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Round-Up.

3 May

Time to share a few random things I’ve made and loved this week.

Made by me: Garden SMARTBoard activity (made from the visuals I had laminated/velcroed for Muncha Muncha Muncha. Can use for labeling veggies, following multi-step directions, spatial concepts, etc) + what I sent home to parents, in case you’re looking for inspiration. Here’s a powerpoint targeting /v/ in all positions of words (very simple). A visual to help retell We’re Going on a Lion Hunt. Worksheet for medial /t/ and /d/.

Found around the web: Love this 4-step sequencing download over on Boardmaker Share. Slapples to Slapples: an Apples/Apples-ish adjective game (I just downloaded the free preview for now! Loved using it with my 4-6th grade students). And I want to take advantage of these: sequencing cards that go with books (for preK-1st grade).

And an article I loved reading: “7 Things You Don’t Know About a Special Needs Parent“.

Have a great weekend!

Articulation: Stories.

9 Mar

One thing I struggle with is eliciting target speech sounds during less structured activities—-that step when you want more than single words or phrases…but know that errors creep back in in conversation (well, and eliciting them in conversation can also be challenging to do/tricky to keep accurate data on). Play-based activities can be great (e.g. playing with a toy farm to elicit many opportunities to produce initial /f/, legos for medial /g/, having child request different cars for /k/,  constructing a snowman for s-blends, etc.), but sometimes I really like to get in more practice!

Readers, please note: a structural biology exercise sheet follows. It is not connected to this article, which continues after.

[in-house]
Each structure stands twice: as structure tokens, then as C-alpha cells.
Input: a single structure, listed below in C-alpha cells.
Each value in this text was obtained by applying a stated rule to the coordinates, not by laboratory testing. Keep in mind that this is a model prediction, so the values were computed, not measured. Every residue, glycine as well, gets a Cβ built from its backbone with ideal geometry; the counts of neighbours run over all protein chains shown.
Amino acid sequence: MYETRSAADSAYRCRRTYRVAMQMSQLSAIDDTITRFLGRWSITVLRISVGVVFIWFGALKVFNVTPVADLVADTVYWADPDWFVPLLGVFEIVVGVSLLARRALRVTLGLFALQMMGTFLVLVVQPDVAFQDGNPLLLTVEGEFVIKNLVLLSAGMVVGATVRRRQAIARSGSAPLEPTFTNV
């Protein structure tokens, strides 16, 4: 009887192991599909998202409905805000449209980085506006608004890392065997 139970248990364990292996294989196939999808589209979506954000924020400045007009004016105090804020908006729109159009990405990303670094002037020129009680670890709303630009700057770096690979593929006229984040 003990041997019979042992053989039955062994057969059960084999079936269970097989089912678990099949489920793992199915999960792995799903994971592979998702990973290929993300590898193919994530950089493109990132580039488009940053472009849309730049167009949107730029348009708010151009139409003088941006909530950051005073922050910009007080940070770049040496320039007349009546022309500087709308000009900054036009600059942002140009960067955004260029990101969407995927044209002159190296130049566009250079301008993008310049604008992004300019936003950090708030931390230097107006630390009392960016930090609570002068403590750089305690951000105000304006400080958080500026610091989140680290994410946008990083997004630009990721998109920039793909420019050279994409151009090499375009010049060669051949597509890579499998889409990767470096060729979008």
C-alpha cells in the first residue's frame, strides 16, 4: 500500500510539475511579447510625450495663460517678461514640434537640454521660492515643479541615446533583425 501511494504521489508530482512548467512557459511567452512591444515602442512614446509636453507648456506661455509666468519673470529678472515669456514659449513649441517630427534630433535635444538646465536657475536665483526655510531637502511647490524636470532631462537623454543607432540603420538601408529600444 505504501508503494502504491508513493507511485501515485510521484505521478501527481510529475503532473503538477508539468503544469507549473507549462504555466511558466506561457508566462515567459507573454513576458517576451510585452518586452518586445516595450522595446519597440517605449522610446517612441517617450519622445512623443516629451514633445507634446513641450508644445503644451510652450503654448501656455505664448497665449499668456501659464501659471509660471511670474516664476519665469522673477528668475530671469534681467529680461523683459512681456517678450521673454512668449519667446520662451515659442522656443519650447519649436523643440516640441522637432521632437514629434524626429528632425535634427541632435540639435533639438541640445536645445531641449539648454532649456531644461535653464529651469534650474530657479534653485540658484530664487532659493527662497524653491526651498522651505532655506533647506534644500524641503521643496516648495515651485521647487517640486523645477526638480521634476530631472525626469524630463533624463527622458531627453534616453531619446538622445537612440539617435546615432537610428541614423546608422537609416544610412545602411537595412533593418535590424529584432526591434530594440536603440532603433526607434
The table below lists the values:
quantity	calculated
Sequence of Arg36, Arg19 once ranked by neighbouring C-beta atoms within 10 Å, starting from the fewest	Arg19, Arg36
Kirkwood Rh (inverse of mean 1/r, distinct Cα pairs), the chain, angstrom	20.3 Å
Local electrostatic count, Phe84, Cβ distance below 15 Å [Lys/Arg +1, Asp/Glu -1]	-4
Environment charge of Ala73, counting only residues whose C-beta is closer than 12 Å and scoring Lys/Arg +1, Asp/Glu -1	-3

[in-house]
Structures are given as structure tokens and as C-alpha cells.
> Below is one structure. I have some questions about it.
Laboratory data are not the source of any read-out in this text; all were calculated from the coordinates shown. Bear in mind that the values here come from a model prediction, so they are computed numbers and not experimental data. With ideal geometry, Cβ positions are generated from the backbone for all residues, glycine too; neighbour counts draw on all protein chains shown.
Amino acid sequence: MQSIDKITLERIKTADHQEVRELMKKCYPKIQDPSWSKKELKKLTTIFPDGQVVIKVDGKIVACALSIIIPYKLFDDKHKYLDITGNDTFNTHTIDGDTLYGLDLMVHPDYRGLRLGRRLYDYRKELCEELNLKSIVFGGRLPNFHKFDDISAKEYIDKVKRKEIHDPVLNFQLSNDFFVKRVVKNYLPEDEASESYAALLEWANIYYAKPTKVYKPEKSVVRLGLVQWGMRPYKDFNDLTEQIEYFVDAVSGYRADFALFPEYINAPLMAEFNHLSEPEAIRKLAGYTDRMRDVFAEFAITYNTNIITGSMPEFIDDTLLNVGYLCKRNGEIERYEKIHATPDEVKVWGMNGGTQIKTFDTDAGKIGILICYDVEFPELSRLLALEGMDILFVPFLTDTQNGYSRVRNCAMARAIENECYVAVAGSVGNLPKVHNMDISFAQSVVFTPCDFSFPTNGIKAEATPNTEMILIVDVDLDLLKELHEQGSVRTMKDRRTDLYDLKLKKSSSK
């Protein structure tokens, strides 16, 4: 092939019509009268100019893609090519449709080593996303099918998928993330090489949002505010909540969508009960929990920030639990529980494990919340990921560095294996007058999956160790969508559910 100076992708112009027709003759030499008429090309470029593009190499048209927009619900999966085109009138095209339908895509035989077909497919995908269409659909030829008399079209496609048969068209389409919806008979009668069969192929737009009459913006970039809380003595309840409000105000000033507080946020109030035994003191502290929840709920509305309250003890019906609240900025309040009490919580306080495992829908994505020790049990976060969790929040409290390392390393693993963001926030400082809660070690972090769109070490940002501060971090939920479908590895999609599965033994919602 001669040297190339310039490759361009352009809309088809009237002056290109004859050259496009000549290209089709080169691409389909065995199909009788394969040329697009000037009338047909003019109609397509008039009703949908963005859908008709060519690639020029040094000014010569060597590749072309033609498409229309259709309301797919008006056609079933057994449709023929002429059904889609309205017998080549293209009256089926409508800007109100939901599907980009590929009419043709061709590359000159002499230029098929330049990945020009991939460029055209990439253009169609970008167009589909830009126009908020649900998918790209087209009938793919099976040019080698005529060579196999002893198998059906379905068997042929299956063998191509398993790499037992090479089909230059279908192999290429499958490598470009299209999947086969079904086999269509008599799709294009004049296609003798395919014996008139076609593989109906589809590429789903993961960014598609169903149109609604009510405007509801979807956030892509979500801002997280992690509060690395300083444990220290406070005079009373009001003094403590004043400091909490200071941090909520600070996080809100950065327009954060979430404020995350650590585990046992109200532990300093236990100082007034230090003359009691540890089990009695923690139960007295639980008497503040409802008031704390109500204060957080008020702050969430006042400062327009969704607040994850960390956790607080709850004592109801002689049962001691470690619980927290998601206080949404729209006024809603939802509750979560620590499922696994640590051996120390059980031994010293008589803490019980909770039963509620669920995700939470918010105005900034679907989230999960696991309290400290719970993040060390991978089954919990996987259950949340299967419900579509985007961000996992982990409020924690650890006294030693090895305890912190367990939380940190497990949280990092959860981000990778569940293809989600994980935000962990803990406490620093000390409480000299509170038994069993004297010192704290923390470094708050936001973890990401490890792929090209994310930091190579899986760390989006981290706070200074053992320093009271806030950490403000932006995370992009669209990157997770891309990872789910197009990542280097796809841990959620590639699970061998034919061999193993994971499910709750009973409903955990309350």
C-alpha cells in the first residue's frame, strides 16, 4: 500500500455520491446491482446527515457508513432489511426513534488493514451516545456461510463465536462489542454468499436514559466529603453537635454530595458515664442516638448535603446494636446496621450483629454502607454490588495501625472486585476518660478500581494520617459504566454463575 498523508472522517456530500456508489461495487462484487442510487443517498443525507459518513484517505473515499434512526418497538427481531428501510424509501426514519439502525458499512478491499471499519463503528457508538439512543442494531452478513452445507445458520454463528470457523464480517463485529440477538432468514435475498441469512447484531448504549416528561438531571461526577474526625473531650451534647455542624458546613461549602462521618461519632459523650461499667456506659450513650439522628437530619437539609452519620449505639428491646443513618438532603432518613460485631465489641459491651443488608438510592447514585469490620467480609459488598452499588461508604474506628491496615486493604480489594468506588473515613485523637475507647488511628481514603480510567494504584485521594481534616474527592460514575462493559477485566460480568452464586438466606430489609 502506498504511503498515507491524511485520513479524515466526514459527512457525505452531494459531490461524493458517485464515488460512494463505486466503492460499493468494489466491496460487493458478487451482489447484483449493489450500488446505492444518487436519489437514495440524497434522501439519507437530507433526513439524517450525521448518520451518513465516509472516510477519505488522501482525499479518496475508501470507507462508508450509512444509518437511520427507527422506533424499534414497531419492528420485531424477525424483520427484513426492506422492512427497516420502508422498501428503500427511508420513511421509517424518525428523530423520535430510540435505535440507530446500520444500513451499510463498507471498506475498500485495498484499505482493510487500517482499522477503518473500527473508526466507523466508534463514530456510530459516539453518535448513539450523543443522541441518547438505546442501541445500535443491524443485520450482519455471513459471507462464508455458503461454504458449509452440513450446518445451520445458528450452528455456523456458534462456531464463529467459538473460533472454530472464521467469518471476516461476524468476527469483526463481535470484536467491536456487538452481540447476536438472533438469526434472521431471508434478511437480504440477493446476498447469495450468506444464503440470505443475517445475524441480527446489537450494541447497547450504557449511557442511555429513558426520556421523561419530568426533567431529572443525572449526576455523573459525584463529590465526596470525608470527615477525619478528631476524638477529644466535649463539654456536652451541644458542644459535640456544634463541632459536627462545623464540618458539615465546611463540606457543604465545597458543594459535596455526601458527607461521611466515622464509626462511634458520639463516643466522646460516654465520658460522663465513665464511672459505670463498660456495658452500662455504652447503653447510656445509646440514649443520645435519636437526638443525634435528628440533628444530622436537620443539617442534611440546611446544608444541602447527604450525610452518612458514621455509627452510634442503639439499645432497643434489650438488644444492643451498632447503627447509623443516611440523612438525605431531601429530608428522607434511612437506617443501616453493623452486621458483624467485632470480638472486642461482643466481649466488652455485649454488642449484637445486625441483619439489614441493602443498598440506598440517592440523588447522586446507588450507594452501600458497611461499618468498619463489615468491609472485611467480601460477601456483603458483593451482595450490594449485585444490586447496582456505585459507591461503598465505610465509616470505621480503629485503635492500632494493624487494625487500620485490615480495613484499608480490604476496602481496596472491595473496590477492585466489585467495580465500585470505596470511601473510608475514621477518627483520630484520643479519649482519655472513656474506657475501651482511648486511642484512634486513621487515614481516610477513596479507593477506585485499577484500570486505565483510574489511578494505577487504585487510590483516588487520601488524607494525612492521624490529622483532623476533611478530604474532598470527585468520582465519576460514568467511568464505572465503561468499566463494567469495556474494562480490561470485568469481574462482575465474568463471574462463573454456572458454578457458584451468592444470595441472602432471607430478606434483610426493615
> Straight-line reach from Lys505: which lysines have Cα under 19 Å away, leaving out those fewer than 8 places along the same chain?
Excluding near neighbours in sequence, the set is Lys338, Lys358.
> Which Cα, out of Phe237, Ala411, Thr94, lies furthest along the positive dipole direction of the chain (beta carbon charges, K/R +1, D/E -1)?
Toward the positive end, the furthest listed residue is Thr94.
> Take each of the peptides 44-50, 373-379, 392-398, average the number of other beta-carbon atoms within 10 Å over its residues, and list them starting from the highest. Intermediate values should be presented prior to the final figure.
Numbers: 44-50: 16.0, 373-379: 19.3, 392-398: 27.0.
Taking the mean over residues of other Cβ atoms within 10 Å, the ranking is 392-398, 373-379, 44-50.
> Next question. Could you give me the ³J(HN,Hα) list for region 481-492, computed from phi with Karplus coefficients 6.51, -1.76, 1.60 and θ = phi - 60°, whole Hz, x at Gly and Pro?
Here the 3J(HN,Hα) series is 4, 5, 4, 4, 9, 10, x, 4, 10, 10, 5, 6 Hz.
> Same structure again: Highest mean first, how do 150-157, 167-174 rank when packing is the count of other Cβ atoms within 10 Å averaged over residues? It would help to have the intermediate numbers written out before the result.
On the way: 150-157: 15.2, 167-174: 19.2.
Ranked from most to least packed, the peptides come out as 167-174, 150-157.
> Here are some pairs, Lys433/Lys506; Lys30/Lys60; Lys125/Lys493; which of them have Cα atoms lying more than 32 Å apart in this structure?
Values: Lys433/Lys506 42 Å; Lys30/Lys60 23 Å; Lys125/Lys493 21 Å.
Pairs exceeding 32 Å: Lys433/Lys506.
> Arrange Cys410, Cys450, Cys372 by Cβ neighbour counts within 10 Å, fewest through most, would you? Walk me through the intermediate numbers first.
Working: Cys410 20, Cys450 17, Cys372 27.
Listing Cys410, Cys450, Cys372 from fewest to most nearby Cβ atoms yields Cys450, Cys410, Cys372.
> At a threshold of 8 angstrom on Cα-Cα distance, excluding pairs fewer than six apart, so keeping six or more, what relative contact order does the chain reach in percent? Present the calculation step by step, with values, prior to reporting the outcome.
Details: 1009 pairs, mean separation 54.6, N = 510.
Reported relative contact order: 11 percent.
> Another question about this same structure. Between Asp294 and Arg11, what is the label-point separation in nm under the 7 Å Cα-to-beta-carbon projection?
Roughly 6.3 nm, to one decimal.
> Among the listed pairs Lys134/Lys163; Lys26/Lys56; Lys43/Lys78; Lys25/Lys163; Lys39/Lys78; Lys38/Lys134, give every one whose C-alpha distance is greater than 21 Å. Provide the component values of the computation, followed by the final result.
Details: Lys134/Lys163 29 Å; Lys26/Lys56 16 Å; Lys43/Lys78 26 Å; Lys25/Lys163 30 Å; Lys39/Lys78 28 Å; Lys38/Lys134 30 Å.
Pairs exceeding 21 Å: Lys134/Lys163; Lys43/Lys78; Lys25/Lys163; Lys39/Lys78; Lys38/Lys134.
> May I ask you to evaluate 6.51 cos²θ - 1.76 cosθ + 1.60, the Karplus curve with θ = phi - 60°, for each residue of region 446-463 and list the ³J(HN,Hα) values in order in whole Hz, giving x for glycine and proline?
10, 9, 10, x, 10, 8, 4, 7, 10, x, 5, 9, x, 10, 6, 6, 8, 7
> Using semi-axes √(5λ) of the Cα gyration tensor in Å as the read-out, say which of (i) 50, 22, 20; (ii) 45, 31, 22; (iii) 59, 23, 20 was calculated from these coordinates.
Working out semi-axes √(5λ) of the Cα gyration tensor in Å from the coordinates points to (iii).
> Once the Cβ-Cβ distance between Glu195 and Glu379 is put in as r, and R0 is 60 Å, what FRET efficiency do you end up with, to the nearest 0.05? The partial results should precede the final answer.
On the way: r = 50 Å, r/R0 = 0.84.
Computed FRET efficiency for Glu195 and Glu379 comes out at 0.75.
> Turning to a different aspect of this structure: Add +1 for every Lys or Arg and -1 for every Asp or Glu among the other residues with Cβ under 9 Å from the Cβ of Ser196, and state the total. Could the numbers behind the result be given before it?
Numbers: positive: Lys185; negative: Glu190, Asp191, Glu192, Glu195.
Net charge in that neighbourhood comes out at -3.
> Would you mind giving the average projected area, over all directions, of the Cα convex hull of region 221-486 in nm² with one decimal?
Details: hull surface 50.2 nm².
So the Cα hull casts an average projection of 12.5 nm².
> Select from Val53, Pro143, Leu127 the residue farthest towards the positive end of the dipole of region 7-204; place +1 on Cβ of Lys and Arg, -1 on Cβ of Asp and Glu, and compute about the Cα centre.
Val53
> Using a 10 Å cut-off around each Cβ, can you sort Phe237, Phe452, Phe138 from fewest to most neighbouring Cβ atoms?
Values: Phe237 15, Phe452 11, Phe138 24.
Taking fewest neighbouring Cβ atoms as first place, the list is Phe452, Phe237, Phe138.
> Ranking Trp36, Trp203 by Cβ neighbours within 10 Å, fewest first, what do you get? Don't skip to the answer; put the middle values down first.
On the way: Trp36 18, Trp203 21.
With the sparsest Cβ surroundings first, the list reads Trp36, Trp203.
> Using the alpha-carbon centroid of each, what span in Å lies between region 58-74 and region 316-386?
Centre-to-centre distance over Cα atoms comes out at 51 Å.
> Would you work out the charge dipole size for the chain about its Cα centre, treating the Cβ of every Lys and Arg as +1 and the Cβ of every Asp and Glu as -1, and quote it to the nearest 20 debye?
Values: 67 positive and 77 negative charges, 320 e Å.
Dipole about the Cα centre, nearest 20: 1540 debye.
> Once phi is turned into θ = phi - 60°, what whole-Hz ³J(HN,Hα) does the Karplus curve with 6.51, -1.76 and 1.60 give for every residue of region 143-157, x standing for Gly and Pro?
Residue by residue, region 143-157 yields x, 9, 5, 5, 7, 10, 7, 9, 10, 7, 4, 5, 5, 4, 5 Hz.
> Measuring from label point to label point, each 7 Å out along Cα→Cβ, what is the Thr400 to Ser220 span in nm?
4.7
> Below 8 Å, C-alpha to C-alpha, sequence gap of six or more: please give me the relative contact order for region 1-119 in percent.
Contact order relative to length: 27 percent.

One way to do this is to a) have a child try to retell a story you’ve read together (another reason I love using picture books during therapy) or b) to use stories specifically made with your artic target in mind. I started making some stories of my own after finding Heidi Hanks’s (of Mommy Speech Therapy) so helpful. She has free downloads for the word, sentence, and story level for most sounds, and her app (Articulation Station) is structured the same way. The app also has “Level 2” stories for older students who don’t need the visual aids (and both levels have a few comprehension questions after each story).

Below are some of the “stories” I’ve made up using Boardmaker. With primarily pre-K students, my kids aren’t reading, so having visual aids helps them to retell the story (I usually read it first). I hope they’re helpful! Will have to make up some new ones soon…

/f/ initial story

/t/ final story

/v/ initial and medial story

/z/ initial story

s-blends: st- initialsw- initial, sk- initial Scooby Doo, sk- Scaredy Squirrel,  -st final